Luce regularly courts transportation, logistics, and distribution businesses as well as advanced manufacturing and next-generation mobility companies. One drawing card is the nonprofit American Center for Mobility, next to Willow Run Airport, that validates connected and automated vehicles. “I think the ACM has the potential to be a magnet for corporate investment as much as Detroit Metro,” Luce says.

Southeast Michigan’s talent pool may top the list of priorities for businesses considering the Aerotropolis. “One of the coolest things about Detroit is the hardworking and tech-savvy people,” says Shevaun Brown, regional operations PR manager for Amazon. The online retailer’s 855,000-square-foot fulfillment center in Romulus will be “a symphony of humans and technology,” and the first Michigan location to use Amazon Robotics.

The new Amazon facility in Romulus will utilize small robots that carry stacks of yellow bins throughout the distribution floor. Once a customer's order is filled, it travels along high-speed conveyors for packing and shipping. The $140-million facility joins other major projects in the Detroit Region Aerotropolis, including Penske Logistics in Romulus and a Brose auto parts plant in Huron Township.

Here’s how it works: Automated “orange hockey pucks,” as Brown calls them, resemble oversized Roomba Robot Vacuums. They weigh 320 pounds, can carry 750 pounds, and drive five feet per second. The robots navigate embedded tracks similar to the automated guided vehicles used in auto plants, and carry stacks of yellow bins of products to workers who pick and fill orders. The goods then travel along high-speed conveyors for packing and shipping.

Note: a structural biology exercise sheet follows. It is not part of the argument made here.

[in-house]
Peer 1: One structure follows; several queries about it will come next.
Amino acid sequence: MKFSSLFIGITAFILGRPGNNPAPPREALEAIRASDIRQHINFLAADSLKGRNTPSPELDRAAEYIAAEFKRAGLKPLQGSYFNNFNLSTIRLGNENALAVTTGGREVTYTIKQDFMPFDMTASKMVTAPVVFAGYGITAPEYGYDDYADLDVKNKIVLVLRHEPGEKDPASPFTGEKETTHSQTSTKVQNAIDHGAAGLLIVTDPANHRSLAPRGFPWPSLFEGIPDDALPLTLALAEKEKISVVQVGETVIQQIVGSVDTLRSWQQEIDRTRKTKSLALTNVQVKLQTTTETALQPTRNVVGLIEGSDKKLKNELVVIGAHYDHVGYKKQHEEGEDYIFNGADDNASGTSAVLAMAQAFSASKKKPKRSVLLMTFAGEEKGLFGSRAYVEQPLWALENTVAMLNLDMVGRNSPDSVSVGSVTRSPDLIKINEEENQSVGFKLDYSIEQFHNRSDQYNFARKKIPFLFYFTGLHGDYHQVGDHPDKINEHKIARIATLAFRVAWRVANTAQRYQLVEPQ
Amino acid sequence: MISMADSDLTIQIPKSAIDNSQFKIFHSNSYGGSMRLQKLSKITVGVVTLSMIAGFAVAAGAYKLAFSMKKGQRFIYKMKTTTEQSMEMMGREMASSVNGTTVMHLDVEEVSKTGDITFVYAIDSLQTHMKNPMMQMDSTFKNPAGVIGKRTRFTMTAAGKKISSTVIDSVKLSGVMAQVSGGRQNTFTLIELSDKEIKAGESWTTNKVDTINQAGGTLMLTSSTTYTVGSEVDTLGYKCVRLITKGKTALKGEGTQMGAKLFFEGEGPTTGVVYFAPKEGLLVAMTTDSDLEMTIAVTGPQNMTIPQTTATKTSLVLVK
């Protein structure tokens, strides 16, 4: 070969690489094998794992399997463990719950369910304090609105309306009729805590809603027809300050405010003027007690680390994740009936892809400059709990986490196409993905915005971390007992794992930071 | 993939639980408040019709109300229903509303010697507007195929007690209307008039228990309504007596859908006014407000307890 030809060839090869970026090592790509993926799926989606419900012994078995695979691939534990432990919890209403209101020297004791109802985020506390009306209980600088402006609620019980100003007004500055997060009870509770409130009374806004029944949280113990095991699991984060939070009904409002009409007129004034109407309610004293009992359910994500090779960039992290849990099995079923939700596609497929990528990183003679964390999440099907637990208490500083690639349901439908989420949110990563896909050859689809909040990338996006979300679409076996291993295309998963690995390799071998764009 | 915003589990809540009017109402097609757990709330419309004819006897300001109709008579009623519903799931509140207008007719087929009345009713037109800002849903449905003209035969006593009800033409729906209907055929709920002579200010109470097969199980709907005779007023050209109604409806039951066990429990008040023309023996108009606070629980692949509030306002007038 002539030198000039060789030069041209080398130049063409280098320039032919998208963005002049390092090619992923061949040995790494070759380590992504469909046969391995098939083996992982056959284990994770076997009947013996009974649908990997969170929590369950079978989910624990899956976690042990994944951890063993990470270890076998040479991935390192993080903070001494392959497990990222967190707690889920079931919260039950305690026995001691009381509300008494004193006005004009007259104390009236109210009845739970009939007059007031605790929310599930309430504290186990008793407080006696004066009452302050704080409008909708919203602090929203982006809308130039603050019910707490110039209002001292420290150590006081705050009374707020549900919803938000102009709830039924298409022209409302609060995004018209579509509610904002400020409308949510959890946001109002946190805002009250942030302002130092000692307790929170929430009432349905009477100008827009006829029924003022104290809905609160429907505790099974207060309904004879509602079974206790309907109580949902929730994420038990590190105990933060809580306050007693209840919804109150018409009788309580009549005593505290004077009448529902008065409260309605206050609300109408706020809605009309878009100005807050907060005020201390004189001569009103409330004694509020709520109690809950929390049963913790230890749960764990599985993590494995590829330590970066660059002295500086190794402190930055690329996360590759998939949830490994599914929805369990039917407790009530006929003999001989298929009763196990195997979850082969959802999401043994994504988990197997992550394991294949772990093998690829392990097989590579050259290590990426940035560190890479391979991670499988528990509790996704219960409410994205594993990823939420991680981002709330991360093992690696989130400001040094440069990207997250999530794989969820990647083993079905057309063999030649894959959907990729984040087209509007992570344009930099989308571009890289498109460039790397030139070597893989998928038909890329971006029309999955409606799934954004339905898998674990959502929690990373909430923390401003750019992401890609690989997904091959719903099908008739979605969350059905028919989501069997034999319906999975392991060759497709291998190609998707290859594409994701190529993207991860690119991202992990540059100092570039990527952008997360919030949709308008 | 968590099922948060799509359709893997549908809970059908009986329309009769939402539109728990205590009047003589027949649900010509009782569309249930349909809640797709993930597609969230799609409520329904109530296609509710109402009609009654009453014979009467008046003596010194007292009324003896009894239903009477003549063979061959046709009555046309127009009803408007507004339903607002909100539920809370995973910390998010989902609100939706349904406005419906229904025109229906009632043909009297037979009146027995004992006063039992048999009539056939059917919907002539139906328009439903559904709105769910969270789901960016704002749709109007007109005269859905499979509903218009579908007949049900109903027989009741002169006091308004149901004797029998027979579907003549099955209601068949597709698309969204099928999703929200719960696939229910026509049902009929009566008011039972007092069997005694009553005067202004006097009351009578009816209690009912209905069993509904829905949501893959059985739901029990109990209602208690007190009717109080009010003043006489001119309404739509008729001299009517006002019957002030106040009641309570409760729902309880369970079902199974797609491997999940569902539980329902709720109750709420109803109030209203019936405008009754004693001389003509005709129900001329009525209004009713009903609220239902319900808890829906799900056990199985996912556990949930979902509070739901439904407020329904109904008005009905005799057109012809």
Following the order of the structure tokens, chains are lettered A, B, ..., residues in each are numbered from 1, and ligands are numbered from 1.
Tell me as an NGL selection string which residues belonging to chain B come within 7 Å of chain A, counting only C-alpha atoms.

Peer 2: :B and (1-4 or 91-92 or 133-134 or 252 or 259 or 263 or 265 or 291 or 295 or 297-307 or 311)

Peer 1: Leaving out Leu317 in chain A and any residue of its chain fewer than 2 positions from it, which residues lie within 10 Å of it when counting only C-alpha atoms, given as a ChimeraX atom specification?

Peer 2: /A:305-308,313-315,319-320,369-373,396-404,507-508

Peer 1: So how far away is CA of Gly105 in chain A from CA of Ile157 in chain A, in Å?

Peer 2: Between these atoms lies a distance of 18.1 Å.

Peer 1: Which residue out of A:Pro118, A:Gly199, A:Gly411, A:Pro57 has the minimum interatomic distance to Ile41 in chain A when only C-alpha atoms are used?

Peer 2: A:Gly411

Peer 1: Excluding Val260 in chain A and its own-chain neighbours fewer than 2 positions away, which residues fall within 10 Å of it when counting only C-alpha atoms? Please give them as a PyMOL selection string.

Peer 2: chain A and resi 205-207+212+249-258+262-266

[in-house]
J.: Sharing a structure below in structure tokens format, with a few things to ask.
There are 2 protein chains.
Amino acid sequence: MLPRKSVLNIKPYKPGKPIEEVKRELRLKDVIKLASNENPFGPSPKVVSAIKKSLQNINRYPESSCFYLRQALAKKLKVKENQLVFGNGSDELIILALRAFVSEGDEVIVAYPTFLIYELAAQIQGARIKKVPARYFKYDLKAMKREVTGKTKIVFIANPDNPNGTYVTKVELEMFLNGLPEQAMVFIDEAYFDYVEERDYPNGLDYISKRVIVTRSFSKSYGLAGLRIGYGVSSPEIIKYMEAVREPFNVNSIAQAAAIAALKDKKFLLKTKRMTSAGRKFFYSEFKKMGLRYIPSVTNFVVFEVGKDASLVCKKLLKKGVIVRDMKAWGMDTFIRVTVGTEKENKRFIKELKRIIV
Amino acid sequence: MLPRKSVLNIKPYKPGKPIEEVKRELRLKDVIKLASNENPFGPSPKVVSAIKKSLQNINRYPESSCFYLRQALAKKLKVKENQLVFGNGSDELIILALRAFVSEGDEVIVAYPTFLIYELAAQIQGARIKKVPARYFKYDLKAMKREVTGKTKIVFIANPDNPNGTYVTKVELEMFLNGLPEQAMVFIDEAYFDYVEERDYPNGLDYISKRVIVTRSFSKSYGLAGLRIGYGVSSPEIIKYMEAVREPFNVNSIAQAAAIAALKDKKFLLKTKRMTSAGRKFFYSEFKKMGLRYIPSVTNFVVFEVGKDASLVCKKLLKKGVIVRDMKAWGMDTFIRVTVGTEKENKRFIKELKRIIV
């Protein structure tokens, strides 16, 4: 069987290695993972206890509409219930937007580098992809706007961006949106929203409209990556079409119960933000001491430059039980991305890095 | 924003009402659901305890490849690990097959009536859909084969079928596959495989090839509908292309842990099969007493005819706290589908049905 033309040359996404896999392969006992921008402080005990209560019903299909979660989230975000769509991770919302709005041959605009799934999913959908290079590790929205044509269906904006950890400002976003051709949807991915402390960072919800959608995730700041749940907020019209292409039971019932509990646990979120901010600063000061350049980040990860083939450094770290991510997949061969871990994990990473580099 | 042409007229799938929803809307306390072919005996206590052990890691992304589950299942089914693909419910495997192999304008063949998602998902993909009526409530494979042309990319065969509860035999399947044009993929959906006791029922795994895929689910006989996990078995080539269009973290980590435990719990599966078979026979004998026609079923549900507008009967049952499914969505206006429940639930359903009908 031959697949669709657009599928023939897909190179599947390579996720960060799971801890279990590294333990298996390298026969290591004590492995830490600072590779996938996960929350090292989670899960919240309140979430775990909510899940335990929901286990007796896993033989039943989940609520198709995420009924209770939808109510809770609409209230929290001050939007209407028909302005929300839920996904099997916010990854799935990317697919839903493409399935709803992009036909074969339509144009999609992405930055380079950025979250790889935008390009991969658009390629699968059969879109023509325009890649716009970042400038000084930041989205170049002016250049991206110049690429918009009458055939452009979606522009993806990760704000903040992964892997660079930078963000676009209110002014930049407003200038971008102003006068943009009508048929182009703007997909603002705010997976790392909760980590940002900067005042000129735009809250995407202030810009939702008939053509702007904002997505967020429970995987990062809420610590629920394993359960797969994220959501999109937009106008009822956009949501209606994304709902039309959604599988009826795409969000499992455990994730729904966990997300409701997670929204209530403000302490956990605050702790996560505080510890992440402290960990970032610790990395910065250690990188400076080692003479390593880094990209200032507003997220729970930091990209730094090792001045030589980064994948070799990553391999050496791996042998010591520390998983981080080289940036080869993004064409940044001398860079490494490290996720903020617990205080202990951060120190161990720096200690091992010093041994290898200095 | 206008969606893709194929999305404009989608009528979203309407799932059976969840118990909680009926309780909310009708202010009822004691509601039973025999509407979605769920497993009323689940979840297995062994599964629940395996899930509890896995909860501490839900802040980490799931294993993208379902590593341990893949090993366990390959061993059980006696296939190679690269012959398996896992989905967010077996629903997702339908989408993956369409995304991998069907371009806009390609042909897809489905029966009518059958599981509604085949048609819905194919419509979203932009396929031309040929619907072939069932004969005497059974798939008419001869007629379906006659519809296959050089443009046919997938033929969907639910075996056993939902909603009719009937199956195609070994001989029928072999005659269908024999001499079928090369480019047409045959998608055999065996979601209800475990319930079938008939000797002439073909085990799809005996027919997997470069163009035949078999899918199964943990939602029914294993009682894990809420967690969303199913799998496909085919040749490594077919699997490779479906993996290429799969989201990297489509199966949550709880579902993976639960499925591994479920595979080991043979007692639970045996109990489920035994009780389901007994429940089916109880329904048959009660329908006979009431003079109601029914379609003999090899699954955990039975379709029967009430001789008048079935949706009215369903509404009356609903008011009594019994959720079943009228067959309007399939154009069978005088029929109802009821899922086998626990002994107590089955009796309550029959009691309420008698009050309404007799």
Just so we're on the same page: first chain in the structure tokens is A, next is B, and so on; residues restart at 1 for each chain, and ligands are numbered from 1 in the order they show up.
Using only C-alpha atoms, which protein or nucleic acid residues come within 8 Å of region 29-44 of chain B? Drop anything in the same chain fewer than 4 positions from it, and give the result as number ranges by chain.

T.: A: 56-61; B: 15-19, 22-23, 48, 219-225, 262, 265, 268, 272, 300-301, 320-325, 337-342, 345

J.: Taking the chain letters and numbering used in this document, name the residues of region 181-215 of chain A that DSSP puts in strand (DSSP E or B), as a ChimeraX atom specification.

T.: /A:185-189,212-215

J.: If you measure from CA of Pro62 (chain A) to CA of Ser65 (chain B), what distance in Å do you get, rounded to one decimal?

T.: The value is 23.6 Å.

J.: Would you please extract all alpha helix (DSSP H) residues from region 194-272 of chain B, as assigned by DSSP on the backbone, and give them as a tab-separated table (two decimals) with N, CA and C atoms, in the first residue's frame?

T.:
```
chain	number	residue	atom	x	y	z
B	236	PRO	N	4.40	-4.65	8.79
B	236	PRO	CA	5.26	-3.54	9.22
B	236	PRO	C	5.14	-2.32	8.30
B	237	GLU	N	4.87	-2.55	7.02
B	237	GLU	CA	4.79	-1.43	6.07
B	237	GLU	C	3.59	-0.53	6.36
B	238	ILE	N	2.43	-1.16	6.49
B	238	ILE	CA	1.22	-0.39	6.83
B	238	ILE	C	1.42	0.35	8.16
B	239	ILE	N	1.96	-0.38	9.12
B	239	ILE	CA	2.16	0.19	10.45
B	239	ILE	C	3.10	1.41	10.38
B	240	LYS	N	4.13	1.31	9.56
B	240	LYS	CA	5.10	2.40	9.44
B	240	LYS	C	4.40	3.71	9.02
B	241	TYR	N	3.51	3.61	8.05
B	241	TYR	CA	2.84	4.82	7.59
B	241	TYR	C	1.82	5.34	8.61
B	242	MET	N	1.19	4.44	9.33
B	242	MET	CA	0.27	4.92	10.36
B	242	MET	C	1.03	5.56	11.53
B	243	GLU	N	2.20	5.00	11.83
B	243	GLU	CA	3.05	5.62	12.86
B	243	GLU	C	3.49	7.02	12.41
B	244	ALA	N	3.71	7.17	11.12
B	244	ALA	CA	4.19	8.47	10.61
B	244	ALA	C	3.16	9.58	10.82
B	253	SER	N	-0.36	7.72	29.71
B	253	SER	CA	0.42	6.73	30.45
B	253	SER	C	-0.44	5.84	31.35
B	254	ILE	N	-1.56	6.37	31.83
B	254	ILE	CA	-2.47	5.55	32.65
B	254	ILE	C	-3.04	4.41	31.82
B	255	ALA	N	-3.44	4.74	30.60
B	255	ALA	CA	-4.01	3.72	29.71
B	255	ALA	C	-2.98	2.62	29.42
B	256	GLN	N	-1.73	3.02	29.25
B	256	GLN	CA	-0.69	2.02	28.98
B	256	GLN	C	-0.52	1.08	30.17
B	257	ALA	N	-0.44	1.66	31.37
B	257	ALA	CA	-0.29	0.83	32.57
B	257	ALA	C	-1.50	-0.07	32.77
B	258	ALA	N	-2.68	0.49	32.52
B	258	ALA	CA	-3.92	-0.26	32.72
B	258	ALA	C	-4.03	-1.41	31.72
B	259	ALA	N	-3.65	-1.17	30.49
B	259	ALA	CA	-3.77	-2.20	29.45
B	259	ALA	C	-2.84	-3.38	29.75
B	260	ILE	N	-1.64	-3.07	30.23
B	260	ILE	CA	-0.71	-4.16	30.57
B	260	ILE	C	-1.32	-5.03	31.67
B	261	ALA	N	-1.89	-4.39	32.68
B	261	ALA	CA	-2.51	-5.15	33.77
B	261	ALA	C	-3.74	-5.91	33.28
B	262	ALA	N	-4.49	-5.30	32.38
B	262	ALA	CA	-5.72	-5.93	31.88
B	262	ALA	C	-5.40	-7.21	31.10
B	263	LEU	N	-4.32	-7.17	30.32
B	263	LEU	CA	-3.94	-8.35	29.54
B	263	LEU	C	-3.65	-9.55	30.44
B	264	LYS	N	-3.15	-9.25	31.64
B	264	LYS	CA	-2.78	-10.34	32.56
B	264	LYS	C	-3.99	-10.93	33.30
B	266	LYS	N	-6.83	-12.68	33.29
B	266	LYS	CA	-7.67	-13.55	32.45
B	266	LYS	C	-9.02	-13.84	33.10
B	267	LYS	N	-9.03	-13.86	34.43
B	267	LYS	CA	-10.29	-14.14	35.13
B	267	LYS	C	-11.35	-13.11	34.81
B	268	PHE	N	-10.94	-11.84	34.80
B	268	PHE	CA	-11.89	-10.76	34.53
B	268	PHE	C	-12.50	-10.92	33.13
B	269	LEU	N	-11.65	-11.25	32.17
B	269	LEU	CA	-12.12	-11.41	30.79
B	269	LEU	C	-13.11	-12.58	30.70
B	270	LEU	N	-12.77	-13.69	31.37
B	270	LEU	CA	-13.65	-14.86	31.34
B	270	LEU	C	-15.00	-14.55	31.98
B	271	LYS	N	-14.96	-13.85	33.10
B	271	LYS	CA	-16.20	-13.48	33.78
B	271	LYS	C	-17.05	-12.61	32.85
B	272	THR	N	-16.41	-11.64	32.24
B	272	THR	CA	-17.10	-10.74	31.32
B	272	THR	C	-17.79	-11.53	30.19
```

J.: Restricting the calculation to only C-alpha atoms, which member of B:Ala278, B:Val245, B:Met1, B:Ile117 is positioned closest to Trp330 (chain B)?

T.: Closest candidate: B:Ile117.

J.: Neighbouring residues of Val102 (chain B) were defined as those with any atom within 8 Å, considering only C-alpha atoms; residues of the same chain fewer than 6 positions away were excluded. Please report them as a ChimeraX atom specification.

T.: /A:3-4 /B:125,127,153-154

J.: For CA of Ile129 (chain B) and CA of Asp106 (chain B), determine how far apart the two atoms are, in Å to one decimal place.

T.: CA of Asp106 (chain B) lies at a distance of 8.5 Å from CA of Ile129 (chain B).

Luce says the corporation is using tax increment financing for the first time to repay half of what Romulus borrowed to finish connecting Vining and Ecorse roads near Amazon’s upcoming operation. The upgrades that sold Amazon could help draw neighbors. “Who’s not going to want to be next to Amazon?” Rahal says. “Keep your eye on the property next to Amazon.”

The 80 acres Amazon will operate from is part of Metro World, an industrial development that covers 1,000 acres north of Detroit Metro Airport. Luce says the space could fill up in the next three to four years, with a few zoning changes. One 200-acre segment on Vining Road embodies Luce’s three favorite words: dry, huge, and cleared. In other words, it’s shovel-ready.

On a recent driving tour, Luce pointed out the best plots and the few existing buildings that could accept new tenants. So far, he’s created a database of more than 40 greenfield sites covering 6,000 acres of available land. Each listing contains at least 25 acres zoned commercial or industrial.

Luce also points out the biggest drawback. “A lot of the area out here is wet,” he says. “It’s challenging to build a 250,000-square-foot building if you’ve got to put $5 million or $10 million in the ground to mitigate wetlands.” But he adds tax breaks could help defray that cost.

“Incentives can’t take a bad property and make it good, but they can make a good property even better,” says Kevin Hegg, vice president of Ashley Capital, a national industrial developer that has its regional operation in Canton Township. The company owns 300 acres of the Metro World property and is planning to construct spec buildings on 250 acres at the northwest corner of Haggerty and Ecorse roads.

“As far as development, there’s safety in numbers,” Hegg says. “Development breeds other development. It brings validation for an area, a seal of approval. Most tenants don’t want to be pioneers.”